Ukraine violence: Media sharply divided

Russian papers highlight the wreckage of a chaotic week Image copyright BBC Monitoring
Image caption Russian papers highlight the wreckage of a chaotic week

Media on both sides of the bitter conflict in Ukraine have stepped up their rhetoric as fighting intensifies in the east. Some Ukrainian commentators are worried about a "worst-case scenario", while Russian media is showing more graphic images of violence than ever.

Both sides appear to agree that Donetsk airport, an important symbol in the conflict, has been utterly destroyed.

'Horrible week'

It has been a "horrible week" in eastern Ukraine, Komsomolskaya Pravda v Ukraine says. "Hostilities have not been this intense even in the 'hot' summer of 2014", it says in an article enumerating the many casualties and flats destroyed in Donetsk.

Ukraine's popular One Plus One TV is calling fighting in the east a "Russian invasion". In a bulletin headlined: "An undisguised enemy offensive", the presenter says that 2,000 Russian troops have crossed the border.

A writer in the Ukrainian weekly website Novoye Vremya says the "Ukrainian army should prepare for retreat".

Ivan Yakovina says Ukrainian servicemen need to be prepared for the worst-case scenario. He says: "It is certainly absolutely bitter and unpleasant to surrender your land but the encirclement and defeat of army units is significantly more dangerous from the strategic point of view. Fierce resistance - yes, but keeping the positions at any price - no way!"

Image copyright BBC Monitoring
Image caption Ukraine's Den newspaper is headlined: "The nation that emerges in fighting", while Ukrayina Moloda shows people putting together a Ukrainian map puzzle

Another popular Ukrainian TV channel Inter, which normally strikes a patriotic tone, is accusing Ukrainian authorities of "leaving people in the east in the lurch". The channel says that separatists are not only shelling Ukrainian military positions, but houses as well.

'Airport lost'

Ukrainian media are preoccupied with the probable loss of Donetsk airport, which they consider to be a symbol of the Ukrainian fighting spirit.

Donetsk airport has been "completely destroyed, [and] the last survivors have left", Ukraine's political weekly Zerkalo Nedeli reports.

One Plus One TV concludes that the airport is lost, with "not a single soldier left". An anonymous Ukrainian soldier tells the channel by phone that separatist militants are killing wounded Ukrainian soldiers in the ruins of the airport.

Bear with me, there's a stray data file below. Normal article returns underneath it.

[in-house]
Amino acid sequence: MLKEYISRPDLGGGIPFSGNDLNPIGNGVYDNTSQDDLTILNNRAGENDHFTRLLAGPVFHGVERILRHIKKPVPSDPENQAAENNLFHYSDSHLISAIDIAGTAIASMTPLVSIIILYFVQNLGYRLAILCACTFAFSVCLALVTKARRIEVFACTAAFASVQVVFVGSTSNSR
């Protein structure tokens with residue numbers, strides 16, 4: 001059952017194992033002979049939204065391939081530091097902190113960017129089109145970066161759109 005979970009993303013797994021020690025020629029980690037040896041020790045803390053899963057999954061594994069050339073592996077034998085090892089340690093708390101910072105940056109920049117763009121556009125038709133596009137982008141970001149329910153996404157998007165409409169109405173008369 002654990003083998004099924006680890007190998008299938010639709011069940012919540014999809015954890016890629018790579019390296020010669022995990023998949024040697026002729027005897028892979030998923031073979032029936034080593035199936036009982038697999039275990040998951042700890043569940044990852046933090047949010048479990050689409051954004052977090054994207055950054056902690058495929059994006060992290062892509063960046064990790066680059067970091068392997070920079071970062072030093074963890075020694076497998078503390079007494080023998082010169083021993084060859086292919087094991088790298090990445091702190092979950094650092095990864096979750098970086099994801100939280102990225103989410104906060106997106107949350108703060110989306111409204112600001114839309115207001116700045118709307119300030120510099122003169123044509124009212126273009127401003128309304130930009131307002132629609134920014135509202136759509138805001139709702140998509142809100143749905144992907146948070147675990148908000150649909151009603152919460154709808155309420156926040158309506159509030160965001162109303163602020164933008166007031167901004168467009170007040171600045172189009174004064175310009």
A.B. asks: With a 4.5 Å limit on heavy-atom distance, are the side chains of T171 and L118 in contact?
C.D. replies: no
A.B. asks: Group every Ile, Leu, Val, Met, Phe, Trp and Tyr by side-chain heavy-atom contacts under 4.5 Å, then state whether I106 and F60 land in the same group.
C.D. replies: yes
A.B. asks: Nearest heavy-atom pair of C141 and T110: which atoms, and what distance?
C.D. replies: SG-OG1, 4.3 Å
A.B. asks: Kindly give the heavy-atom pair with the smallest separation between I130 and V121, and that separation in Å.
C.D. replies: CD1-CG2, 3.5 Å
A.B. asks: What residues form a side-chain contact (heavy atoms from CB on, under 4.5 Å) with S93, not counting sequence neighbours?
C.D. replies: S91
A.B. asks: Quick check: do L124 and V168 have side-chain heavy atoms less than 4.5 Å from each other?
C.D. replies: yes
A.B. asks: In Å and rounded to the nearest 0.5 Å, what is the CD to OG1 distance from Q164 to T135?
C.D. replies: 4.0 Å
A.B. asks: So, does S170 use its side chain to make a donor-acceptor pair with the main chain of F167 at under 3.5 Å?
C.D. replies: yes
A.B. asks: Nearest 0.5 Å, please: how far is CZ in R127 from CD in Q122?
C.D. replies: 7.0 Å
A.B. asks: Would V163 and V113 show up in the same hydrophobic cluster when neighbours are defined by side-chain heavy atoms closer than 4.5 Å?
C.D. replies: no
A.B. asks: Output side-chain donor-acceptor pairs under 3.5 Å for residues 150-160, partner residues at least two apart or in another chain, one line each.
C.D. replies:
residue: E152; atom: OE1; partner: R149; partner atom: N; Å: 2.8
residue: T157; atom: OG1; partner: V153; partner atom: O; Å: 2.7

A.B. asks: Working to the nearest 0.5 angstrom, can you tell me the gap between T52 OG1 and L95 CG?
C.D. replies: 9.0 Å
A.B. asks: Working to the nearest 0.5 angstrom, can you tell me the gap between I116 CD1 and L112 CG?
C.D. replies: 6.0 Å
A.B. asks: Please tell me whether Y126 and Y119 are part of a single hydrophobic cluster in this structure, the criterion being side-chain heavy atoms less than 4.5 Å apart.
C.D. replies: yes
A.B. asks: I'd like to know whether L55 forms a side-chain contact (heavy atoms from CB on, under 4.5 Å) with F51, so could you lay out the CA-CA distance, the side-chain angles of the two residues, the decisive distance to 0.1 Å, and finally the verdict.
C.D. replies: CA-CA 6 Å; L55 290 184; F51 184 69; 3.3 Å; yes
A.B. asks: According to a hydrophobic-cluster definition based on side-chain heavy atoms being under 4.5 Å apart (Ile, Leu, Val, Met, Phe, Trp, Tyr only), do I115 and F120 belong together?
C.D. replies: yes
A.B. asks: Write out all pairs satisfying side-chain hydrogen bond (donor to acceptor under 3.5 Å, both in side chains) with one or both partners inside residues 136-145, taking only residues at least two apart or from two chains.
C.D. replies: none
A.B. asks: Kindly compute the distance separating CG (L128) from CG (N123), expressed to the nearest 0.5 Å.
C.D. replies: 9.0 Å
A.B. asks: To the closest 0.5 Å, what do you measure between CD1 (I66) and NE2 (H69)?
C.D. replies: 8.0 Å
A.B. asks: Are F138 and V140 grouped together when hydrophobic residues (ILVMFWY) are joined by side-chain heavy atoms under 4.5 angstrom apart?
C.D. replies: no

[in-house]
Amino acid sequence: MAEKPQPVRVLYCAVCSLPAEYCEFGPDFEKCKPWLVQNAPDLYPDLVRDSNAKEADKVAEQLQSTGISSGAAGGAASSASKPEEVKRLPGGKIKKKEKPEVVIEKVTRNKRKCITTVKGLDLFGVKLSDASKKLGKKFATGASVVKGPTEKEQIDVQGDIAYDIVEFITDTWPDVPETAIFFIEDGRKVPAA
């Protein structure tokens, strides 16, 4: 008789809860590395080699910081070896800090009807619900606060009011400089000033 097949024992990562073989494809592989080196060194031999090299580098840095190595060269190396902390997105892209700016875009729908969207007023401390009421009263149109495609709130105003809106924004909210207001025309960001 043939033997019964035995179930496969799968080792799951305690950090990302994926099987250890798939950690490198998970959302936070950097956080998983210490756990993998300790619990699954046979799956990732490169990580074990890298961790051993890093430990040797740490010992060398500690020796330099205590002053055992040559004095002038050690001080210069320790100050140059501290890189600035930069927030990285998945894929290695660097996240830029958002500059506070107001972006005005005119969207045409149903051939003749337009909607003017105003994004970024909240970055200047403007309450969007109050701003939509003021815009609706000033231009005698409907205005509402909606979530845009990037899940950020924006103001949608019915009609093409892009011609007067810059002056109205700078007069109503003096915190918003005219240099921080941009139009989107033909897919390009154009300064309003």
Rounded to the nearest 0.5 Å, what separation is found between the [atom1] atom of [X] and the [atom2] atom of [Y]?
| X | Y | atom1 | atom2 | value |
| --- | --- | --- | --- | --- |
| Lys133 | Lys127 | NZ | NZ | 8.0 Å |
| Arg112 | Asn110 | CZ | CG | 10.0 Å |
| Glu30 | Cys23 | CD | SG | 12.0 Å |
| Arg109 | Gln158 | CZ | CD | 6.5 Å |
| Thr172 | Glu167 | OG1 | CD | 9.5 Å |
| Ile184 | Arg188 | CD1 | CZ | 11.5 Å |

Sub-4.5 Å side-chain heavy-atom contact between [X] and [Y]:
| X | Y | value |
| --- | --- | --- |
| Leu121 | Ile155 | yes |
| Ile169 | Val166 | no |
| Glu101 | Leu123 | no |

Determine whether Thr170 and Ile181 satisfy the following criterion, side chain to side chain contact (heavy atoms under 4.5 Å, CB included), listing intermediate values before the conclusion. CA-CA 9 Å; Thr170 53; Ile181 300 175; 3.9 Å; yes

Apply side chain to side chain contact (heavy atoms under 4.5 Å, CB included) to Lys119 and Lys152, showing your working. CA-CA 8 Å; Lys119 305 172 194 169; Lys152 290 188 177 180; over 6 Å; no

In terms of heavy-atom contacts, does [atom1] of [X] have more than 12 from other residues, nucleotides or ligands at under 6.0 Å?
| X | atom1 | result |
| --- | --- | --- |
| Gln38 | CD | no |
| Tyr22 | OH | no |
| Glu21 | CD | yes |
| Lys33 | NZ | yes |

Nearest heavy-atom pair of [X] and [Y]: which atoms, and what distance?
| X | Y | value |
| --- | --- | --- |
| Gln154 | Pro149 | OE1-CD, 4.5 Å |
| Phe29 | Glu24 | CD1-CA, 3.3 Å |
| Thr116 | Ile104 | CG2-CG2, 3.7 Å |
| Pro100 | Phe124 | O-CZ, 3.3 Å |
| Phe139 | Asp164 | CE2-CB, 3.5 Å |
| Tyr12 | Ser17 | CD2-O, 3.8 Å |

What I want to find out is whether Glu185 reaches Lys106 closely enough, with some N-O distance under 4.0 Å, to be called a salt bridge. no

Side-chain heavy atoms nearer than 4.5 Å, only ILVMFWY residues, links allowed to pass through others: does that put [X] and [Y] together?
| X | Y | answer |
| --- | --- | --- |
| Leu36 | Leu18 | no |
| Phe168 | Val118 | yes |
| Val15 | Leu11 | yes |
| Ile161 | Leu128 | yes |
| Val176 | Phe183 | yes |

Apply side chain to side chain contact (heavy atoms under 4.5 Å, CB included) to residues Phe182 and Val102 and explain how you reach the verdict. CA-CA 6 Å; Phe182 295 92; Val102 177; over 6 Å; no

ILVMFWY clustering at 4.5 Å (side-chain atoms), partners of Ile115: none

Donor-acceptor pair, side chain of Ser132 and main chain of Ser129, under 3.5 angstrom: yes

Pundit Dmytro Dzhanhirov on website notes that "For Kiev, the airport is an important… heroic symbol of undefeatable 'cyborgs' resisting 'hordes of terrorists and mercenaries'."

But Russian writer Artur Avakov says in Moskovskiy Komsomolets that the legendary Ukrainian defenders of the airport "now look like cannon fodder, not cyborgs."

Graphic images

On Russian TV, the coverage is becoming increasingly graphic. In addition to the usual distressing images of ruins and wreckage, all three main channels - state-controlled Channel One, official state channel Rossiya 1 and Gazprom-Media's NTV - are showing gory pictures of dead bodies and body parts reportedly filmed in different locations in eastern Ukraine.

The channels contrast what is portrayed as the brutality of the Ukrainian forces with what is presented as a more humane approach by the militia. Rossiya 1 and Channel One report that militia doctors treat captured Ukrainian prisoners in the same way as they would their own fighters.

Russian TV is also accusing the Ukrainian forces of shelling residential areas. A Rossiya 1 correspondent in Donetsk says that after failing to make any gains at the frontline, the Ukrainian military are "showering Donetsk with shells".

Image copyright Rossija-24
Image caption A Russian correspondent at the scene of a shelled bus stop in Donetsk

"Not a day goes by without casualties: new victims of Ukrainian law-enforcers," an NTV presenter says, describing the latest shelling of a bus stop in Donetsk.

Another Russian daily, Nezavisimaya Gazeta, says the escalation has put Ukraine "on standby". Aleksey Fenenko writes that Ukraine's future is starting to look similar to the fate of Georgia, "in limbo".

"It declares its intention to integrate with the West, but technically cannot do so. In this situation the agenda of all international meetings will be reduced to monitoring the situation in Donbass. The political process appears to be blocked."

BBC Monitoring reports and analyses news from TV, radio, web and print media around the world. You can follow BBC Monitoring on Twitter and Facebook.

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